Bibliophile:

 

“The world is changing, but I am not changing with it. There is no e-reader or Kindle in my future. My philosophy is simple: Certain things are perfect the way they are. The sky, the Pacific Ocean, procreation and the Goldberg Variations all fit this bill, and so do books. Books are sublimely visceral, emotionally evocative objects that constitute a perfect delivery system.”

~Joe Queenan

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Green Dreams:

 

Our Bradbury, who art in heaven,
All Hallows be thy name:

 

“I was talking to a friend. And I said, “Are these stories familiar to you?” I told him all the words I knew, the ones about the monsters coming home to the house with the human child in it, the ones about the lightning salesman and the wicked carnival that followed him, and the Martians and their fallen glass cities and their perfect canals. I told him all the words, and he said he hadn’t heard of them. That they didn’t exist.

And I worry.

I worry I was keeping them alive.

 

I miss reading Bradbury to my students.
Maybe we should all dress up as Tall they were and Golden-Eyed this Halloween.

I Really Love My Friends:

 

From my friend Tam, regarding King’s Dark Tower series,
and my reading of them:

 

“I thought you meant you wouldn’t be able to stomach them.
I have no doubt you can read ten books at once while fireman carrying
Ben down a 40 story building.
In heels.”

 

I love that girl.

Thingity Thing Things:

 
 

Seriously, why is this not lounging on my desk as we speak?

GLURG.

 

(I am also planning on whipping up a fresh mint sweet tea rum spiked drink of de-li-ci-ousness this week.)
 
(you know, because I can.)

 

I survived the Los Angeles Salsa Congress…
by the thin suede of my dance shoes,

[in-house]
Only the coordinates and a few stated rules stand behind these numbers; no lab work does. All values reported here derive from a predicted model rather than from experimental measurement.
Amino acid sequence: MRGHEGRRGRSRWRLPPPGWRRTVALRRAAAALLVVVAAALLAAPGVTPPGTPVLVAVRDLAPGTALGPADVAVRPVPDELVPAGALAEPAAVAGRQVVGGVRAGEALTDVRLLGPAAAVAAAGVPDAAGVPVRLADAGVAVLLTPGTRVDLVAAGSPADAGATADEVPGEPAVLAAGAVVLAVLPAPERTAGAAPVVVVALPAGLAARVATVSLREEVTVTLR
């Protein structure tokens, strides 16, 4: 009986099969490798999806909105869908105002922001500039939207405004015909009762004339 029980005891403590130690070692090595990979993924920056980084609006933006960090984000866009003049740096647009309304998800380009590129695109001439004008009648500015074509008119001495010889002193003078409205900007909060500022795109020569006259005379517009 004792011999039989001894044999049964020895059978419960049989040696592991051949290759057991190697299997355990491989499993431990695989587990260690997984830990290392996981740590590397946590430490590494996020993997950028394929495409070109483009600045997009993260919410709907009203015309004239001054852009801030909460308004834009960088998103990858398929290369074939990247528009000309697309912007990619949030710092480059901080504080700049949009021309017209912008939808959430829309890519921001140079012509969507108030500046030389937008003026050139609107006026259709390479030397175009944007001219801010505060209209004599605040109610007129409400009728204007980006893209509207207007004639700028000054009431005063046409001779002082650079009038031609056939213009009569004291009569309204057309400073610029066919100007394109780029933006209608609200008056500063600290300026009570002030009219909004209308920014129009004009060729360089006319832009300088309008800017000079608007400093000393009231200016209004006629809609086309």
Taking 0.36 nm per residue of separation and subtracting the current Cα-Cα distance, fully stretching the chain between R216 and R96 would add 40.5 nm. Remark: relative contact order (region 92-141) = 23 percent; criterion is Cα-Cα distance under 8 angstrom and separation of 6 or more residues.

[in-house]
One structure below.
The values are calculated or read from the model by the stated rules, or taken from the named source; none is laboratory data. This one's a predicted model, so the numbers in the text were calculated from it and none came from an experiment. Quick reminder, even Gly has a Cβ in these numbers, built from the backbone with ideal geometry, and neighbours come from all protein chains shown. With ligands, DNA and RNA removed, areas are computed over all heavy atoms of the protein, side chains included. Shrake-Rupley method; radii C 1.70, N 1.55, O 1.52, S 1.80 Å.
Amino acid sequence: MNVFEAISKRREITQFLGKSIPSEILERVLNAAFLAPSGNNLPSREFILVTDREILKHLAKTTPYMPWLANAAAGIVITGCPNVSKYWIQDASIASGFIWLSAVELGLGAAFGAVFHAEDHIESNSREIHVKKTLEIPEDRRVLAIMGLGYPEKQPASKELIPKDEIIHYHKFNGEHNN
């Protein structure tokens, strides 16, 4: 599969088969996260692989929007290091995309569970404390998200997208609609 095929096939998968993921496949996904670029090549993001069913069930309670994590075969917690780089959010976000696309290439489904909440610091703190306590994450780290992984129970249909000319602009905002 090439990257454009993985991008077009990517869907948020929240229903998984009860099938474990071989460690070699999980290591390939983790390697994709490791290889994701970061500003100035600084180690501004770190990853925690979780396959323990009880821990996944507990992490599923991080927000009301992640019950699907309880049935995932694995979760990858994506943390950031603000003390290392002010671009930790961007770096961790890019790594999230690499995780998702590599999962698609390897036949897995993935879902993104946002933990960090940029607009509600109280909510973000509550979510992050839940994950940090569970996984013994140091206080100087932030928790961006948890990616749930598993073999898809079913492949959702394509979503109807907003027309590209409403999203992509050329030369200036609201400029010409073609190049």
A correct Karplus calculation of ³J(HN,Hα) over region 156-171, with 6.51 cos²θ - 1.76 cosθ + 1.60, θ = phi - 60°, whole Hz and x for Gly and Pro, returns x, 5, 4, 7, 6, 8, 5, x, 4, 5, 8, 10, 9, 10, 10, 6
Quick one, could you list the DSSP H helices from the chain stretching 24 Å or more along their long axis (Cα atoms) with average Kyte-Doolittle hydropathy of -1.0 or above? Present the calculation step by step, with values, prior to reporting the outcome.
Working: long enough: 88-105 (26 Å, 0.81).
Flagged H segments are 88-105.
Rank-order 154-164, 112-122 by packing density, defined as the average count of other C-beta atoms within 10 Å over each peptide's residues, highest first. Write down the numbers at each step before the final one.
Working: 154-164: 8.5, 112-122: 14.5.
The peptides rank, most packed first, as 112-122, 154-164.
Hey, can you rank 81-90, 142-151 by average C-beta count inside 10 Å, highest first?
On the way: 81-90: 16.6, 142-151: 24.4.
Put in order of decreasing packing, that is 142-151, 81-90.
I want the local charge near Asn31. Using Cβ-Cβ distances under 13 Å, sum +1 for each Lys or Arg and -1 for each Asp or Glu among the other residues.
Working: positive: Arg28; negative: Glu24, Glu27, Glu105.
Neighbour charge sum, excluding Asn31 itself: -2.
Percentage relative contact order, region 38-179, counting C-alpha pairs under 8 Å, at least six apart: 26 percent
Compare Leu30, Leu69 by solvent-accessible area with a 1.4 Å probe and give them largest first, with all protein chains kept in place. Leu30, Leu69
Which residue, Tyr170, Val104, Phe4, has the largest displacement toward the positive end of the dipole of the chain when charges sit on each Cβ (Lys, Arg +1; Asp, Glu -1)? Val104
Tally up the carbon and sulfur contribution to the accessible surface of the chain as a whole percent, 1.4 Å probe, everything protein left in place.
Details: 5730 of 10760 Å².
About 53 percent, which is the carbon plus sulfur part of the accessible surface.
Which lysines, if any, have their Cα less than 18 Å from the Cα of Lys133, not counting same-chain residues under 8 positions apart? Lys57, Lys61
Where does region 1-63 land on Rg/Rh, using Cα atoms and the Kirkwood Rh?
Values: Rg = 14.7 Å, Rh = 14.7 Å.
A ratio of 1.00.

but still,
I survived.

There may have been a very teary and slightly hysterical phone call to The Boyo
regarding the verysmallandhardlynoticeable mistake that
happened during our routine, because I?

Am a perfectionist.

Never thought I was.

But I TOTALLY AM.

I would post a video for all y’all,
but alas,
the folks running the Congress are also a bit money-grubby,
and wouldn’t allow filming in order to force attendees
to buy *their* video of the event.

BOO.

 

I also finished a couple of books this week–
nothing near my normal rate of reading whilst-being-unemployed,
but it was nice to dig myself into good books,
even for five minutes at a time.

I still have mixed feelings for this book...

I picked up “House of Sand and Fog” at the wickedly fabulous
Altadena Library Book Sale because one of my favorite professors loves the film.

The book is modeled on the Greek tragedy–
events that occur happen because of tragic flaws
within each of the main characters,
and Col. Behrani certainly fits the mold of a great person experiencing a reversal of fortune.

Additionally,
the events of the novel build up slowly,
inexorably,
and as the reader,
I felt absolutely helpless in the face of it all.

Not a comfortable read, by any means,
but a beautiful one.

 

I was very surprised to realize that I *hadn’t* read this book.
It reminded me a great deal of “Brave New World”,
but it has a far more hopeful ending–
which I sincerely appreciate in a dystopian novel.

I loved the entire conceit of a world built without cultural memory or emotion,
and I especially loved that the world had no color–
only The Receiver could see color, hear music, and remember events long past.

The obvious twist probably isn’t so obvious when reading